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Teachers can use Blue-Bot to help teach Pre-K through second-grade students logic and sequential thinking. First, hand students a Blue-Bot and let them discover how it works. Challenge students to see if they can get Blue-Bot to go around a corner or some simple obstacle. Once they're comfortable, create an obstacle course on the ground with chalk or painter's tape and have students navigate through it. Emphasize directional movements such as left, right, forward, backward, reverse, etc. Students can create their own obstacle courses and challenge each other. When the Blue-Bot doesn't move as a student expects, seize the opportunity to teach them to "debug" and discover what went wrong. As student commands get more complex, encourage simple note-taking to record what movements they've done, or the solution for an obstacle course. Take advantage of other learning opportunities as they come up. For example, when students notice that a Blue-Bot doesn't seem to move as far on one surface as it does on another, take the opportunity to experiment and measure differences.
There are floor mats available for purchase, such as a simple road in a town, shapes, or an alphabet grid. These are essentially obstacle courses and mirror what's available on the free app. The app has several different activities, such as getting from point A to point B, obstacle courses, fewer buttons, and random instructions.Continue reading Show less
Blue-Bot is a simple robot that can operate on its own or via Bluetooth controlled by an Android, iOS, Mac, or Windows device. Blue-Bot is transparent so that students can see all of the parts that make it work. Switch the Blue-Bot on and it will light up. Place it on the ground and choose from the movement commands: forward, backward (which will move about 15 centimeters depending on the surface), left, and right (90-degree turns). A one-second pause command can be used as well. Blue-Bot will make noises as it moves, which can be turned off by a switch on the bottom. The Blue-Bot can hold 200 commands, which should allow students to explore the limits of any physical space. Once students have entered in all of their commands, they hit "GO" and observe what happens. The "X" button will allow students to clear out their commands and start again. The battery is said to last about six hours. After five minutes of inactivity, Blue-Bot will enter into sleep mode to help preserve power.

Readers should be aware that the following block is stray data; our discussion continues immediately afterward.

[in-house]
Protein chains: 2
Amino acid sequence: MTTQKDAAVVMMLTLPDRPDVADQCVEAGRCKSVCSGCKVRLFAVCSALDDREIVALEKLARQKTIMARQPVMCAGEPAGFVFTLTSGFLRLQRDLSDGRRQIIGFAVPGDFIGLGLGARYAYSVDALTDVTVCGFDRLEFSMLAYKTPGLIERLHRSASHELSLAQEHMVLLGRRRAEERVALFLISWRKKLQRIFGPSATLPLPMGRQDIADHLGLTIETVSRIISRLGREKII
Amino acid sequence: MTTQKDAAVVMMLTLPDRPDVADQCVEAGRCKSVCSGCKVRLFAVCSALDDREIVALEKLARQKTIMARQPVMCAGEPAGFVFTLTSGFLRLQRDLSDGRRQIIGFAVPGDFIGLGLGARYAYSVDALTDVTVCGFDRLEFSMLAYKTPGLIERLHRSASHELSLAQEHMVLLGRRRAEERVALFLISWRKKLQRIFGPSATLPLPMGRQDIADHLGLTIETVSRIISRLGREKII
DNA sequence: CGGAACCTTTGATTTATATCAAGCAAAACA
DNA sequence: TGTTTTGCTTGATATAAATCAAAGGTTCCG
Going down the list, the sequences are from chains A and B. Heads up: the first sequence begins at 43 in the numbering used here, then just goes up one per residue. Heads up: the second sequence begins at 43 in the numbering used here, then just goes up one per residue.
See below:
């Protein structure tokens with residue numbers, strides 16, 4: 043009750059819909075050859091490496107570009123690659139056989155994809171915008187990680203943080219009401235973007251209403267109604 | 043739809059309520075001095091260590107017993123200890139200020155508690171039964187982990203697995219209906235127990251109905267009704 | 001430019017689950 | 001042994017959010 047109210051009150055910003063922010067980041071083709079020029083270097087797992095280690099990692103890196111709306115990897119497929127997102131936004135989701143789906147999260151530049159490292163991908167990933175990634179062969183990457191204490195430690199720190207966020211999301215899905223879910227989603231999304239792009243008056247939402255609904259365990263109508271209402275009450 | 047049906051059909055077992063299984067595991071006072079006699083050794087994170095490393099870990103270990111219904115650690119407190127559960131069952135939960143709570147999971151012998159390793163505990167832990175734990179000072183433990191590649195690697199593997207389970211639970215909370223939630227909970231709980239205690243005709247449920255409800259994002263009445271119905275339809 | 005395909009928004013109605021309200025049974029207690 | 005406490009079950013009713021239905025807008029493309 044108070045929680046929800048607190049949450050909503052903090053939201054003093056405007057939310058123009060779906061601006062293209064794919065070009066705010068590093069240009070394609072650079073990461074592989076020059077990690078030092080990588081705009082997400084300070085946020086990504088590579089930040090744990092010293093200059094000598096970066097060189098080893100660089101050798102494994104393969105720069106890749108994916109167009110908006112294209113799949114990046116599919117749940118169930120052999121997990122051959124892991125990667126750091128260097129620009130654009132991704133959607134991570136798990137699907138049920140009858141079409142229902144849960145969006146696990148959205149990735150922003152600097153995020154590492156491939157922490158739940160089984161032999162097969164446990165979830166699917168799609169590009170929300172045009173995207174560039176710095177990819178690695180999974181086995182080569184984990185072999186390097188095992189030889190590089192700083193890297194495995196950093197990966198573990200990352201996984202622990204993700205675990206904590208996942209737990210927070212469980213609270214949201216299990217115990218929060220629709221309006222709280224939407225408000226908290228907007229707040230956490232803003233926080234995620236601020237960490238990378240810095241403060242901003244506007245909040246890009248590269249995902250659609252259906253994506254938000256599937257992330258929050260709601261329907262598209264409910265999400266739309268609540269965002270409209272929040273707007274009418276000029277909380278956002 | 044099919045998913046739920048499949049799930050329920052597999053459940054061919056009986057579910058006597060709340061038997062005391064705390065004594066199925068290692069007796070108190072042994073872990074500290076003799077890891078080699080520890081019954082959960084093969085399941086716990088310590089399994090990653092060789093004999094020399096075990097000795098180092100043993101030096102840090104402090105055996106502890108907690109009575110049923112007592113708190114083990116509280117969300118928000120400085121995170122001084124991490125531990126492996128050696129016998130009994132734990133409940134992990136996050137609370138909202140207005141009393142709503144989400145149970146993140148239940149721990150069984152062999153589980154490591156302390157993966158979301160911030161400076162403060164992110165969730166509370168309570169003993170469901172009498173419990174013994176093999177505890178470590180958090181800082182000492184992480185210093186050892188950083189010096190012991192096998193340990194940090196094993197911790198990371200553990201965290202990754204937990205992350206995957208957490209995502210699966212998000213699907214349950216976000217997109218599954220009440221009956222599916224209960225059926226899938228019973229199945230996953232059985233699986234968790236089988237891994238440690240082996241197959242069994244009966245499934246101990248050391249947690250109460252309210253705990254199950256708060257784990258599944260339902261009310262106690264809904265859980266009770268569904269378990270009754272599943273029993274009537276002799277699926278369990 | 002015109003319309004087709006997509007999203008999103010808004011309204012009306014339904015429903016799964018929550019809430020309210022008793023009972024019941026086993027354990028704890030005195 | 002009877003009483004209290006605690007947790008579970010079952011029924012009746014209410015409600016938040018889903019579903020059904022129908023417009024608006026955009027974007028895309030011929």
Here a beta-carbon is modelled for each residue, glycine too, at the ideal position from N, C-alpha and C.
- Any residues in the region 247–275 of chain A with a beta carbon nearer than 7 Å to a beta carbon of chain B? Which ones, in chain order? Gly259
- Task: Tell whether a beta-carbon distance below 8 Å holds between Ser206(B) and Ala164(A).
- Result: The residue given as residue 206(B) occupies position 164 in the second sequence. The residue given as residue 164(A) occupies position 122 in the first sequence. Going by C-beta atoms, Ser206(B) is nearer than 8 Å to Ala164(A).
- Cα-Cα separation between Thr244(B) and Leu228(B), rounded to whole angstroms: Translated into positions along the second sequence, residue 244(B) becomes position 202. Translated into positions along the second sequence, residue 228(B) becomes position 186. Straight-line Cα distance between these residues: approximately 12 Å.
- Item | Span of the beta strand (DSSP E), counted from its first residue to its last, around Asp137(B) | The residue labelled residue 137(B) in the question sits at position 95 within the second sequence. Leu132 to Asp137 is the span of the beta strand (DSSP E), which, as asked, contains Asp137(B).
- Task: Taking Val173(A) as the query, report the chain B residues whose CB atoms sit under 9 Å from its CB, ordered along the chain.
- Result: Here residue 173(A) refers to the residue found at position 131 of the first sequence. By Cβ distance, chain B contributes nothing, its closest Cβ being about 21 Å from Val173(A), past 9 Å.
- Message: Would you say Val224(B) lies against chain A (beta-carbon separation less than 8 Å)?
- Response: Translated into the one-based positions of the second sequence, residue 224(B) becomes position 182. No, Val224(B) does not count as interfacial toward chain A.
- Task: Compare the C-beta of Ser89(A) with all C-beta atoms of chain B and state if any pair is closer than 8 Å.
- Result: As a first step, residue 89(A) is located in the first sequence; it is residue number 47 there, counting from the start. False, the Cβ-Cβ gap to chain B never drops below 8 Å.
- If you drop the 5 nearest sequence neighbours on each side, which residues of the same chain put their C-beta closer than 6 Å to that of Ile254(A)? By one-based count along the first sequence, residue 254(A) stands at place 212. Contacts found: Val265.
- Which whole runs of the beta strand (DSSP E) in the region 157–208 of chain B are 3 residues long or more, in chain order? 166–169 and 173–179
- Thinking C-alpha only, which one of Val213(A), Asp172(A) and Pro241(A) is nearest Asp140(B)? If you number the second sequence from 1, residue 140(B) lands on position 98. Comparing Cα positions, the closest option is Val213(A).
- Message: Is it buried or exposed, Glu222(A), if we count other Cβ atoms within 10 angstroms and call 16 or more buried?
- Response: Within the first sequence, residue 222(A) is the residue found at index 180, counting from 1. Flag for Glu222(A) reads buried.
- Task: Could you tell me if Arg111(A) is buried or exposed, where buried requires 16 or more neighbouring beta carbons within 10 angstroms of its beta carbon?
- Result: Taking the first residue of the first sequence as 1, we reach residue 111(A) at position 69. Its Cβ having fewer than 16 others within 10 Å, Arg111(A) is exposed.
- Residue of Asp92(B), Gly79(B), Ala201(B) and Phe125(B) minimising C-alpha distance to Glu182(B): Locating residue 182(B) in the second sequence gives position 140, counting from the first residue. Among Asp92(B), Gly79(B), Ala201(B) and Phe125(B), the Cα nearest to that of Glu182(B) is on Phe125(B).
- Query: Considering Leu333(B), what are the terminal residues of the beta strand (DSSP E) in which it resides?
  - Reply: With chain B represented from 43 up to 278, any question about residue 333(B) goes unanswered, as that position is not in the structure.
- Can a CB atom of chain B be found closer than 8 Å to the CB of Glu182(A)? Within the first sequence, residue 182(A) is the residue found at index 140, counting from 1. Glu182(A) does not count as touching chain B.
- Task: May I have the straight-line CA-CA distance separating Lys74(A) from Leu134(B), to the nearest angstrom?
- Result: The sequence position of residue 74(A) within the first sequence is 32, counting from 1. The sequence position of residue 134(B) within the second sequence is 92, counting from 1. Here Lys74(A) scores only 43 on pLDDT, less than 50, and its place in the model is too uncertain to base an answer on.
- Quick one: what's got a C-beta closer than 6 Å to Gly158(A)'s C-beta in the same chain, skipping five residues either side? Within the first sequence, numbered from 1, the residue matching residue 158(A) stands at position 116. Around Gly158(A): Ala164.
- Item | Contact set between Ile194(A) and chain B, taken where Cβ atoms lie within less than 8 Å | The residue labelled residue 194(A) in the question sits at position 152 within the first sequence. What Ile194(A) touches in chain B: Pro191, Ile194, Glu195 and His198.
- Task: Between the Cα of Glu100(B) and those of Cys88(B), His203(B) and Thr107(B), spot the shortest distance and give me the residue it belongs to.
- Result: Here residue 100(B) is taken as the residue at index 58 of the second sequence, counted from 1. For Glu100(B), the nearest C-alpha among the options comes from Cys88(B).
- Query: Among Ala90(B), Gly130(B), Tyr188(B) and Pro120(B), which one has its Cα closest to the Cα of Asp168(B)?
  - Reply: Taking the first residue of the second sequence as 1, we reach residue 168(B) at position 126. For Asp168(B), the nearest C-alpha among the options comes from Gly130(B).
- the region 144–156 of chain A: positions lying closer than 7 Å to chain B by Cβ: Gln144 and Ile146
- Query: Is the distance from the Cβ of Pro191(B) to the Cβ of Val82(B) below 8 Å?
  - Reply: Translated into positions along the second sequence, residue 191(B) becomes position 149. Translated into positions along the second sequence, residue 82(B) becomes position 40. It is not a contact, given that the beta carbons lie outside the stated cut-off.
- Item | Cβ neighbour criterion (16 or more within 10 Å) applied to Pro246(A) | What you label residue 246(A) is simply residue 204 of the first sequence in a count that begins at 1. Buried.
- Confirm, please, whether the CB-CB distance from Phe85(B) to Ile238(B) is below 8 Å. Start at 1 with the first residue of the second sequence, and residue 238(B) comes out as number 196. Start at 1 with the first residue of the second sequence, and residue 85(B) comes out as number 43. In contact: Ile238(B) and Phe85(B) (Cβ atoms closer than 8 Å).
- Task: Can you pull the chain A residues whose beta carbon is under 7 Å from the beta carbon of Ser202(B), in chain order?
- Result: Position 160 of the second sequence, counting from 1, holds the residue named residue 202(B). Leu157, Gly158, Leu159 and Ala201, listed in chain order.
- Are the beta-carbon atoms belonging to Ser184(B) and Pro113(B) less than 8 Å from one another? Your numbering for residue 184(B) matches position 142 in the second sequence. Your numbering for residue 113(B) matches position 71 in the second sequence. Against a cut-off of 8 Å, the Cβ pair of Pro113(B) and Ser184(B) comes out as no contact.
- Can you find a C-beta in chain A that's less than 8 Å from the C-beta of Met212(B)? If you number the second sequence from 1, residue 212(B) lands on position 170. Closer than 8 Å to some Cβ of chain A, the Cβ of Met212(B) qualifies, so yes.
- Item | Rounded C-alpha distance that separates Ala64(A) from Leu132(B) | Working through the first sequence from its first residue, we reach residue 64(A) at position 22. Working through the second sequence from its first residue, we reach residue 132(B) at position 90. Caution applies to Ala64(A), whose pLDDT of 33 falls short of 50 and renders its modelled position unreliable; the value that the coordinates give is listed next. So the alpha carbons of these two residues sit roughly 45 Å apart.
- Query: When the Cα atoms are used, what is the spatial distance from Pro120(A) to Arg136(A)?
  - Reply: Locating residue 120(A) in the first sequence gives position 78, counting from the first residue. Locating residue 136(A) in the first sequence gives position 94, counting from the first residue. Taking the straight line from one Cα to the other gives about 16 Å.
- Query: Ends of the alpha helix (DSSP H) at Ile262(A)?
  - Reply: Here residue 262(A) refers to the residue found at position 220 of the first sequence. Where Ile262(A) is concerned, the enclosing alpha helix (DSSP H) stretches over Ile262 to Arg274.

The Blue-Bot app has the same buttons as the Blue-Bot, which students use to control an on-screen Blue-Bot moving along the screen. The app is available only in English, but does allow teachers to record a voice-over for the main buttons (forward, backward, etc.) that will play when a student hits them. This would at least provide an opportunity for different languages to be used. Another benefit of the app is that students can see their commands sequentially and can re-arrange them without having to clear them out. The app has additional buttons to allow Blue-Bot to make 45-degree turns.
Blue-Bot is a great opportunity for the youngest students to learn programming skills. Teachers may be surprised by the depth that they're able to take learning with this simple robot, but it will certainly depend on them to provide that experience. There's a downloadable teacher's guide that gives teachers plenty of ideas to get started and activities that center around each of Blue-Bot's features. It's probably best to introduce the app only once students are very comfortable with Blue-Bot's functions. It doesn't do a great job of providing support for students who have limited English reading ability. Overall, while the app does add some functionality, it isn't essential and may even detract from the experience for some learners.